Here’s how collaborative web development used to work: A bunch of developers download code from a website onto their personal computers. As they finish working, they upload it back to the site. Whoever finishes last ‘wins,’ in the sense that any changes he makes overwrite whatever’s there already—whether or not the changes are correct.

Like many developers, I know the obvious shortcomings of this system all too well. As soon as a developer uploads his or her code, the previous poster’s work essentially gets undone. (I once lost about 8 hours of work this way—don’t get me started.)

Fortunately, we’ve wised up, and have figured out how to spare ourselves that headache. I’m now a firm believer in Version Control.

Working out the kinks, one command at a time

With version control, all previous iterations of a string of code are stored in a single repository, accessible from a development server. When users add or change code, they have to commit changes to the code’s main branch. That way, if there are deviations from what another developer has posted, they aren’t automatically overwritten. All developers on a project can see what everyone else has done, and can verify changes are correct and in line with job specifications.

We use versioning systems Apache Subversion (SVN) and GitHub. SVN is an older system, but it’s simple and powerful, and it gets the job done. GitHub is great for larger client projects. It has a nice user interface, and cool collaboration tools like a bug tracker, an editable style page, and time and date tracking, which we can use to make sure everyone’s pulling their weight.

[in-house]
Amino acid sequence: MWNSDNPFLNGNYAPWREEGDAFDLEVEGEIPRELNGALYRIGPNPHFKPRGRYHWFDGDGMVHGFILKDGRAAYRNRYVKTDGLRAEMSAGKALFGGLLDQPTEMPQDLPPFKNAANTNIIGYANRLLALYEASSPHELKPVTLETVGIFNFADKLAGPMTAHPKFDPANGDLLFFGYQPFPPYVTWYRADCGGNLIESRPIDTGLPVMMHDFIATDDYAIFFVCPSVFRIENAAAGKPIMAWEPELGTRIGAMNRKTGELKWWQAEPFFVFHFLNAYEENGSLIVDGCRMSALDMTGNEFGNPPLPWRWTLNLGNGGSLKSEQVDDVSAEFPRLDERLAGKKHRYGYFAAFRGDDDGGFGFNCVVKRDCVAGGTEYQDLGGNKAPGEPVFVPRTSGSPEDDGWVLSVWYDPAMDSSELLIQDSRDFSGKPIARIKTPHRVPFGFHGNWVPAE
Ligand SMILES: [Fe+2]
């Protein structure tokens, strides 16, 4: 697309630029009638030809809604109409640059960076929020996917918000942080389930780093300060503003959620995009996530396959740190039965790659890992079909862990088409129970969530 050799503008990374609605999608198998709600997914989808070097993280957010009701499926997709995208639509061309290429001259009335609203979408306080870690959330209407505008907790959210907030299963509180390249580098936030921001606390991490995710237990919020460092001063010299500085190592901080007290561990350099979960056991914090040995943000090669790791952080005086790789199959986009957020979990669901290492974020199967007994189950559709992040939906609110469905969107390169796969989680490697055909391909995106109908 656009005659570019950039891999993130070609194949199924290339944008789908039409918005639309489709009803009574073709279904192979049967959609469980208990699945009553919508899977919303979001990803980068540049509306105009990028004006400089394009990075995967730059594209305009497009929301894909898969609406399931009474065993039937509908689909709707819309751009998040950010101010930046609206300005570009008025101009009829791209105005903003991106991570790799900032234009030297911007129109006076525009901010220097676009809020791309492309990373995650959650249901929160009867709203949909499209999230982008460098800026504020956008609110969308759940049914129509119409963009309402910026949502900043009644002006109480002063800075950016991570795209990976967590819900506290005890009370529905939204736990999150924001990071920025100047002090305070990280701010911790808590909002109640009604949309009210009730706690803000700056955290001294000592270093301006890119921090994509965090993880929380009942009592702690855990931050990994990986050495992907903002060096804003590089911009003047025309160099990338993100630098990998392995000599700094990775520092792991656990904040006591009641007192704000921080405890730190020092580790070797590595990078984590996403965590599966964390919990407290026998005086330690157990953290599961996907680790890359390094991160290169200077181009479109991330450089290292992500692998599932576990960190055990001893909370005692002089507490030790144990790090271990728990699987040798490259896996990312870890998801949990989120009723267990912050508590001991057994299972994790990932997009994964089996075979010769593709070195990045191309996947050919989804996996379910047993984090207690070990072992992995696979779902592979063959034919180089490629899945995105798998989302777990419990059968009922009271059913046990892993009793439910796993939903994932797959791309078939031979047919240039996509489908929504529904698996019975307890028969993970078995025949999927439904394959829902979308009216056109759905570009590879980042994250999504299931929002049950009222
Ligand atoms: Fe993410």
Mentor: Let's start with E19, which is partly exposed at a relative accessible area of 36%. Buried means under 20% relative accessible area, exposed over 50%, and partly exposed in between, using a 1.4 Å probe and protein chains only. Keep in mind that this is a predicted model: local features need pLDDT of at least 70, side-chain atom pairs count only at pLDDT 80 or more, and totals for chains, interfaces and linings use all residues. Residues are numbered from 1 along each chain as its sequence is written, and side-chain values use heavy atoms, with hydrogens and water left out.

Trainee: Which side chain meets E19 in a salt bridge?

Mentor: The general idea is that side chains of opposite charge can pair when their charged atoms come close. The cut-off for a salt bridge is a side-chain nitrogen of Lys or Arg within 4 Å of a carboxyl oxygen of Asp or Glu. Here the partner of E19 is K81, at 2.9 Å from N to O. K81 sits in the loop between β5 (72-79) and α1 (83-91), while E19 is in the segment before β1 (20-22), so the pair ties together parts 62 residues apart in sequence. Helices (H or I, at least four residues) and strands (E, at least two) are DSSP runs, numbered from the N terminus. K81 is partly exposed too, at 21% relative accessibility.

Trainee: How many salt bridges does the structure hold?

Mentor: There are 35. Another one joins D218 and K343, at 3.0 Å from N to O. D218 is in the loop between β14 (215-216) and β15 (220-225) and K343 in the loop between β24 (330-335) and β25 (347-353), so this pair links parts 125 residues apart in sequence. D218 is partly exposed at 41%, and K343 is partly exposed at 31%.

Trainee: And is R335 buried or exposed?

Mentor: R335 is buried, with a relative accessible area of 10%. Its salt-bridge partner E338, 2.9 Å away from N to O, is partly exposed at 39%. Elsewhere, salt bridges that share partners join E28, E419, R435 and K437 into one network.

Turning developers into time travelers

To a developer, version control is a lifesaver. It eases communication tremendously within development teams. It also helps us keep our clients happy. Let’s say we revamped a client’s site menu, and a month later, the client wanted it switched back to the way it was before. Before version control, we would have had to write the old code all over again. Now, all we have to do is go back to the version from the date needed (assuming it had been committed) and snatch up the relevant code.

Version control means security for our code (since it’s stored on a server, it’s safe from crashes). It also means we can keep projects moving forward, because developers can jump in without fear of undoing each other’s work. These days, we can do in 30 minutes what used to take five hours.

I can’t say enough about how much version control can streamline your web development process. Of course, it’s only as good as your developers themselves—if you do a sloppy job to begin with, version control may not do you much good. But if used well, you and your team can make coding magic.

Want to make sure no detail of your site design falls through the cracks? Contact Atomic’s development team for help crafting a showstopping website.

2 replies
    • Admin User
      Admin User says:

      @ Andrew – We use Apache Subversion the most. Github and Heroku are also good options but require a paid subscription.


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